Dohle: The digital world of books is undoubtedly more important to us than to Apple. In Germany, however, our books are already in the iBookstore, because there is a fixed book price agreement here, which we expressly support, and because it is easier to reach deals on this basis. In other words, there is no fundamental problem between Apple and us.
SPIEGEL: Until now, the online platform Amazon was the dominant vendor in the e-book business. The company tends to charge only $9.99 (about €7.70) for bestsellers in the United States. Is the book turning into a bargain-basement item?
Dohle: It isn't as if pricing pressure only arose as a result of digital books. It's just as prevalent in the print world. Many countries don't have fixed book prices, and there we, as a publisher, have no influence on retail prices. Whether Barnes & Noble sells our bestseller "The Lost Symbol" by Dan Brown for $18.99 or $14.99 is a decision they've always made themselves. Of course, we don't like to see a retailer in England charge only 5.99 pounds (€7.22 or $9.55), because we don't feel that this reflects the appropriate value of an absolute bestseller.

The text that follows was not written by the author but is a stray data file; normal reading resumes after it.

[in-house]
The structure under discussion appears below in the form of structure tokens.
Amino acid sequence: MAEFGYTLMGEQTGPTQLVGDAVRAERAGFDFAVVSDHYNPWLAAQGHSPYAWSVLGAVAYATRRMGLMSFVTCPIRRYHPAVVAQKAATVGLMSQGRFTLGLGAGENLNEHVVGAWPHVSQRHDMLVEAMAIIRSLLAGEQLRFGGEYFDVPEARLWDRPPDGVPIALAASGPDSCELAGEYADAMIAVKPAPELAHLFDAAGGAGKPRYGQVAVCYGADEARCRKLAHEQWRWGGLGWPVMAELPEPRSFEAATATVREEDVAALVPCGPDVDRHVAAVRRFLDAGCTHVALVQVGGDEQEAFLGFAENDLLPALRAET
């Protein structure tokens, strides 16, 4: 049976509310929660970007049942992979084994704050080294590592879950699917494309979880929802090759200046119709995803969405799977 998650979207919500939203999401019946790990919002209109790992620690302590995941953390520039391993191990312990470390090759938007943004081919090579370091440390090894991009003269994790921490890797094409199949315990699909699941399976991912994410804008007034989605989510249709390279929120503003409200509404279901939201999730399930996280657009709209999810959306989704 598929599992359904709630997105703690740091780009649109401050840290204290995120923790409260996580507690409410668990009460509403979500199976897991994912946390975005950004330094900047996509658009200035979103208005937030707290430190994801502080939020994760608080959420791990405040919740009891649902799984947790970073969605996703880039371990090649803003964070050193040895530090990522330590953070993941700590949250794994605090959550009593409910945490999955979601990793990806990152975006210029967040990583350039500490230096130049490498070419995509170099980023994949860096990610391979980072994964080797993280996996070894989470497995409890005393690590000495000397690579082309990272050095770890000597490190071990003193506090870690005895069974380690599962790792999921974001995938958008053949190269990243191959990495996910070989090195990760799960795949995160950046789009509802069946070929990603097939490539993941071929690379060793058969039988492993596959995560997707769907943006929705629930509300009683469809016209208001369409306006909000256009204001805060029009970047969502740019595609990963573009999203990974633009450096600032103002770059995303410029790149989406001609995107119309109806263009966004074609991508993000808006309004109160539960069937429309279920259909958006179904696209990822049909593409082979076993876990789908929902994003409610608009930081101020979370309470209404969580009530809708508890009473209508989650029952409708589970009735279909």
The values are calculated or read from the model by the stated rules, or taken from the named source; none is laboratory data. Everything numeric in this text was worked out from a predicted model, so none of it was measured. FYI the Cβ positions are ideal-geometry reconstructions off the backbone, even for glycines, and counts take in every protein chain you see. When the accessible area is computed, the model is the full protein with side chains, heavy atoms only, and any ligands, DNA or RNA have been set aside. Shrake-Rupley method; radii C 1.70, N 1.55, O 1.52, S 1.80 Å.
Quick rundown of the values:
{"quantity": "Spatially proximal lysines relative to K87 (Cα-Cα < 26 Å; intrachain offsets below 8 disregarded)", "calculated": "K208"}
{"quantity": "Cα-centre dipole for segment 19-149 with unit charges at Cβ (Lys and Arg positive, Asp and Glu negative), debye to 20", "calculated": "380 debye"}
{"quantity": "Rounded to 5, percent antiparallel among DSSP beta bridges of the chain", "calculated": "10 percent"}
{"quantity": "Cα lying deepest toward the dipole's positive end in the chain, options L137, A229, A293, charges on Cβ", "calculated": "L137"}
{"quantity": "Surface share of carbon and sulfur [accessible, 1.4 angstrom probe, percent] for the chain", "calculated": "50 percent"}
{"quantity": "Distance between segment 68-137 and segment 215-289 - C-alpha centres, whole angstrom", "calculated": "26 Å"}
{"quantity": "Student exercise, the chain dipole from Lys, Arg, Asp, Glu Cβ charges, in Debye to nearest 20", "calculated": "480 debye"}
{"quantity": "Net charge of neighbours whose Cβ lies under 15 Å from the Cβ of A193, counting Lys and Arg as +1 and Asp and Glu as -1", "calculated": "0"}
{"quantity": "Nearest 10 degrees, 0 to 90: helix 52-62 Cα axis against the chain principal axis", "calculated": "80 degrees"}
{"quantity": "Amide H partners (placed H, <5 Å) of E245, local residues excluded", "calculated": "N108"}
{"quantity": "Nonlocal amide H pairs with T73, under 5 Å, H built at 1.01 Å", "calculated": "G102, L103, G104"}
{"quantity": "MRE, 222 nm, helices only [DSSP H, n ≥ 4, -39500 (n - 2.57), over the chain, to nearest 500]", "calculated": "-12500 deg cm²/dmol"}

SPIEGEL: You can't possibly be pleased to see an e-book cost so little that it harms the value of the book.
Dohle: That's true, but it isn't always true that digital books are always cheaper than printed ones. Sometimes printed books are sold for less at Wal-Mart, for example, than the digital version in an e-book store. In other words, there is no reason to claim that the digital business alone is ratcheting up pricing pressure in the book industry.
'The Book as a Medium Is Changing'
SPIEGEL: On the iPad, however, the book is getting all kinds of new, direct competition from games, videos and other forms of entertainment media. Can it even keep up?
Dohle: But the book as a medium is also changing. There are cookbooks that explain to you what to do in a video, or that dictate recipes out loud to you. You don't even have to touch the iPad in the process. Still, no one knows whether this is something people really want and if they are prepared to pay a premium for it.
SPIEGEL: Until now, however, most publishers have seen themselves mainly as providers of good quality books, and not as multimedia professionals.
Dohle: Certainly, the industry can only keep up if the publishers change. And that only works if they invest in digital competencies and don't have a technology department on one side doing the e-books and the staff that runs the traditional business on the other, with a long hallway in between.